How to perfect a hybrid presentation. We recently spoke with a CEO who felt nervous about public speaking in a hybrid office. “When I speak now, it’s simple. Everyone is using Zoom,” he told us. “What happens when some people go home while others still work from home?”
His worries are justified. While Zoom presentations aren’t ideal, at least the audience is on a level playing field. Literally, the boxes on the screen are the same size. On the other hand, hybrid presentations can put remote participants at a serious disadvantage. One major reason has to do with the energy produced when we are together – and the energy that is lacking when we are not together. We share the energy partly from the nonverbal cues that occur when we are in the room together. Knowledgeable looks, facial expressions, and personal eye contact are all part of making conversation more natural. It’s worth noting that this isn’t available online, and the lack of shared power between remote participants can be frustrating (hence one of Zoom’s fatigue factors).
Business leaders looking to make hybrid presentations more inclusive, energetic, and successful can turn to the classroom for guidance. At the start of the pandemic and lockdown, we worked with a number of teachers and educators looking to improve speaking and screen presence. This school year, as some students return to school, we have seen remarkable teachers face the challenge of teaching effectively in blended classrooms.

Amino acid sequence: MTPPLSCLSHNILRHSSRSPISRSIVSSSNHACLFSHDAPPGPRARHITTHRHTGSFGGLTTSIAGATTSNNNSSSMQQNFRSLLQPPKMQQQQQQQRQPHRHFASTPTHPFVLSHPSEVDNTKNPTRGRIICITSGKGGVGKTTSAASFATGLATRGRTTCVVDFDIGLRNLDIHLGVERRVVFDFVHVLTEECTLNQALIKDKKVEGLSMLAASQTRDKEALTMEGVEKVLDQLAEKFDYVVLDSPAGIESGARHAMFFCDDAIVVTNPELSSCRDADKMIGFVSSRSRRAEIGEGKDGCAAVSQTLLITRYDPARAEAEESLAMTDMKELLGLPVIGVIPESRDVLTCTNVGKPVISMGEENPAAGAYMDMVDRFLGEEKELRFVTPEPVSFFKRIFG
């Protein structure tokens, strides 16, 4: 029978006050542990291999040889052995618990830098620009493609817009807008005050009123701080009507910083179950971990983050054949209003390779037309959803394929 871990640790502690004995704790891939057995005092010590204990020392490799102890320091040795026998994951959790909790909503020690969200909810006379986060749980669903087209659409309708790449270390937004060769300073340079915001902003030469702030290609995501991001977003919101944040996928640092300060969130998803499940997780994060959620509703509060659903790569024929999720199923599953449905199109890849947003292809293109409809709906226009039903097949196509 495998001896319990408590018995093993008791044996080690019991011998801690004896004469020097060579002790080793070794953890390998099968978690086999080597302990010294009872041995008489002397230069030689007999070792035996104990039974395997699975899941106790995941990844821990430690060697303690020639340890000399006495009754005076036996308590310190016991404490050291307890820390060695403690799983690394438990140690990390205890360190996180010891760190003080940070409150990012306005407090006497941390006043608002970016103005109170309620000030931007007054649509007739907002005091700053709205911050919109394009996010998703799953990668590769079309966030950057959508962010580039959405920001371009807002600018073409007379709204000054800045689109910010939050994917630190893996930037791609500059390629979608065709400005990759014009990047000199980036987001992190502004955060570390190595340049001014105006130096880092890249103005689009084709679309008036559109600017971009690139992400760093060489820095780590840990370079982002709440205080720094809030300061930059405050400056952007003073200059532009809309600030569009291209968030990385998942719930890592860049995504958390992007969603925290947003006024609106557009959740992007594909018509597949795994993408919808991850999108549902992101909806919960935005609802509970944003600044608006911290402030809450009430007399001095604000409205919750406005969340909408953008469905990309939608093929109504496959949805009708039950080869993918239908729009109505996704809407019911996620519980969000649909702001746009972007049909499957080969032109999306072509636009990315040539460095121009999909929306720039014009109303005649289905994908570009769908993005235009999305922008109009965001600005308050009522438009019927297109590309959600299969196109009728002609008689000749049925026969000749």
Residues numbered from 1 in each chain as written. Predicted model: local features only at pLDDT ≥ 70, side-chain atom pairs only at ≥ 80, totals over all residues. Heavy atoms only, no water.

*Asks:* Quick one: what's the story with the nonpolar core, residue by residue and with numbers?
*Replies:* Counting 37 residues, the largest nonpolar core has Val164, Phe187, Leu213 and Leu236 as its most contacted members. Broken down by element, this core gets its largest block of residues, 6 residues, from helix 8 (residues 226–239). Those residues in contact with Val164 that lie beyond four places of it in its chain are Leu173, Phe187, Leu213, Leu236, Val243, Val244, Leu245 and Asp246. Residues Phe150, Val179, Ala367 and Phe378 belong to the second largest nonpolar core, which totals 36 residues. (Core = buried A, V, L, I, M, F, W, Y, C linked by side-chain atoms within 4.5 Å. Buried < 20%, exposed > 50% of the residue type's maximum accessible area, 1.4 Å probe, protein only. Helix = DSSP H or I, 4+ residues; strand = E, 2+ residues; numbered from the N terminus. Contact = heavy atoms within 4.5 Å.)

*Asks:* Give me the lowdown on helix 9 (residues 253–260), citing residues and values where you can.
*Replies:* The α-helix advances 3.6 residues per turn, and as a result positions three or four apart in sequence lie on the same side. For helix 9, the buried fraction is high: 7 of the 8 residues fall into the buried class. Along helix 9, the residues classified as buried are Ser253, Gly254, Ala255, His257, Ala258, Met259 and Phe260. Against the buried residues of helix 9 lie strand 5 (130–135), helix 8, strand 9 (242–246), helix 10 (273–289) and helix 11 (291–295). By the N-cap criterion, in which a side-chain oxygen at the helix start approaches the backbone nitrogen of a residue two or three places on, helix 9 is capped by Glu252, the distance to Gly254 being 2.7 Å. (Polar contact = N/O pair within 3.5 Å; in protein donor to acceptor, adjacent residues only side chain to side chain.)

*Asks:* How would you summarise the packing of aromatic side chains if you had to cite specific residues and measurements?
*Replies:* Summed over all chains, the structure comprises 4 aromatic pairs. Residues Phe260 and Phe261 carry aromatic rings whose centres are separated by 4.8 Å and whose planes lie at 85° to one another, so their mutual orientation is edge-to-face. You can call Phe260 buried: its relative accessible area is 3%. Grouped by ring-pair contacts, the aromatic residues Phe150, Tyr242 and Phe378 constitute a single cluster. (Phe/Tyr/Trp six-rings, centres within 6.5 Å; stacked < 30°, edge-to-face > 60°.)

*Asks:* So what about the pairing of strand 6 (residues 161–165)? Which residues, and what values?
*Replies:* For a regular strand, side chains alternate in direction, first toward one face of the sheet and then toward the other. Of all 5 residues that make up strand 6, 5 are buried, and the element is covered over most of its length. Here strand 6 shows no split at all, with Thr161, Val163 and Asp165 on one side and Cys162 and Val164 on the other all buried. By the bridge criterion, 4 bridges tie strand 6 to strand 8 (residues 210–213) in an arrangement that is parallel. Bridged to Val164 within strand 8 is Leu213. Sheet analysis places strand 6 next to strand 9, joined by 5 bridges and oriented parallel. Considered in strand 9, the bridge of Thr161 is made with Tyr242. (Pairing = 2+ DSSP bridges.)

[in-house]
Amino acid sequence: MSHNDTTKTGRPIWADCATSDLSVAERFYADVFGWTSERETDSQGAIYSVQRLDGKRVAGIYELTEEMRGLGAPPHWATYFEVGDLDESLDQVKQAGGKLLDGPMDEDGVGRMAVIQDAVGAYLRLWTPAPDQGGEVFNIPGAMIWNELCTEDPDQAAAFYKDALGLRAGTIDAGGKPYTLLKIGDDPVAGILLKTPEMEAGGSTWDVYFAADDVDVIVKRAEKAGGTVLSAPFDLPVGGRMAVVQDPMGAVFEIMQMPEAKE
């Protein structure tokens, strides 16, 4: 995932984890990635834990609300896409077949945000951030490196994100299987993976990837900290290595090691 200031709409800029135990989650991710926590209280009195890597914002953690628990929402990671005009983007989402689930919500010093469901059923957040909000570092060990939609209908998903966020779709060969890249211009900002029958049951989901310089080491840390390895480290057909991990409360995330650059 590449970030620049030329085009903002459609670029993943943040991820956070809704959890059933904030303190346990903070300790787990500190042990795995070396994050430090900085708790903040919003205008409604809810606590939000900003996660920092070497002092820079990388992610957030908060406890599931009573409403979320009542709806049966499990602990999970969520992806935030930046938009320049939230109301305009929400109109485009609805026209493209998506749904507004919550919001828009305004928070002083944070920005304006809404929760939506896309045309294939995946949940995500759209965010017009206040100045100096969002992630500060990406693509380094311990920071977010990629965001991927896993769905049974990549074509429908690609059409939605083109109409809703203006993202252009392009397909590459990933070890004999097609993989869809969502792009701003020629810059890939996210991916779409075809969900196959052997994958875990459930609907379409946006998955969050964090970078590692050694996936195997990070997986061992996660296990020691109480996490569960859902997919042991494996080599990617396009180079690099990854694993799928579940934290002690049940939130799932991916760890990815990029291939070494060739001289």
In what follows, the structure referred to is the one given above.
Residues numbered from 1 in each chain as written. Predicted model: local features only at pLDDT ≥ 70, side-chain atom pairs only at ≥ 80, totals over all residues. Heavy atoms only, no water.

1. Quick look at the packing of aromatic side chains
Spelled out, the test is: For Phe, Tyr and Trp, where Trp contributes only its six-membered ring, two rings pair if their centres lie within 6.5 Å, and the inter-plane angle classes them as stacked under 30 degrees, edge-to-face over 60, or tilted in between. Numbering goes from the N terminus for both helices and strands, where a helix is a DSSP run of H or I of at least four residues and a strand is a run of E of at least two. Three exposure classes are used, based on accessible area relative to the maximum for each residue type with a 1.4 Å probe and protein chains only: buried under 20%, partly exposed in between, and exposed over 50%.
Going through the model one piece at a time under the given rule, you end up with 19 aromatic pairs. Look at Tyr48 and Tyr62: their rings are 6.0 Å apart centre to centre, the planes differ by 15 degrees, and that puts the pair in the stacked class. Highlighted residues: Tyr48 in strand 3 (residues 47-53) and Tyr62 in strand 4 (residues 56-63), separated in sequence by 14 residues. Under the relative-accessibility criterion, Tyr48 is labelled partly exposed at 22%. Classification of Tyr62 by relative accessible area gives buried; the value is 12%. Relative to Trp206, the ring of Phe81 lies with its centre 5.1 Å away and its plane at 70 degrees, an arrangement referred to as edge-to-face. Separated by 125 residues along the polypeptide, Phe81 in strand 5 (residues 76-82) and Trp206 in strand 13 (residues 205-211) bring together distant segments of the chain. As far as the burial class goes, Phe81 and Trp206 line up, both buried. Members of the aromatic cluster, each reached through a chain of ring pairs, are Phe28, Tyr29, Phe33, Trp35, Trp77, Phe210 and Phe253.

We recently had the privilege of seeing one in action. This 7th-grade teacher from Bethesda is teaching poetry to a hybrid class. We were immediately impressed by his energy. Her body was in constant motion, and her eyes were constantly moving from the screen to the faces in the room. He also encourages children to be active – ask to raise their hands or ask children far away to stand up to read. Most importantly, he assigned small workgroups where remote and on-screen kids work together. Even though they’re mixed, the whole class is one.
Here are seven strategies for presenters and meeting moderators to engage people more effectively in their hybrid audience:
Focus on the positive.
Instead of focusing on mixed meeting responsibilities, focus on the value each person can bring. Consider how remote and in-person attendees can benefit from your presentation. And how can the whole experience be richer with a combined audience? A positive mindset will help you make people a big part of your presentation. Furthermore, this state of mind is highly contagious. The presenter sets the tone for the entire experience. If the presenter believes and expresses enthusiasm about the hybrid experience, it will positively affect the audience’s experience.
Ask to turn on the camera.
In hybrid meetings, it is more important than ever for remote participants to turn on their cameras to show their full presence. It’s also essential that the presenter be able to visually interact with the entire audience, not just the people in the room.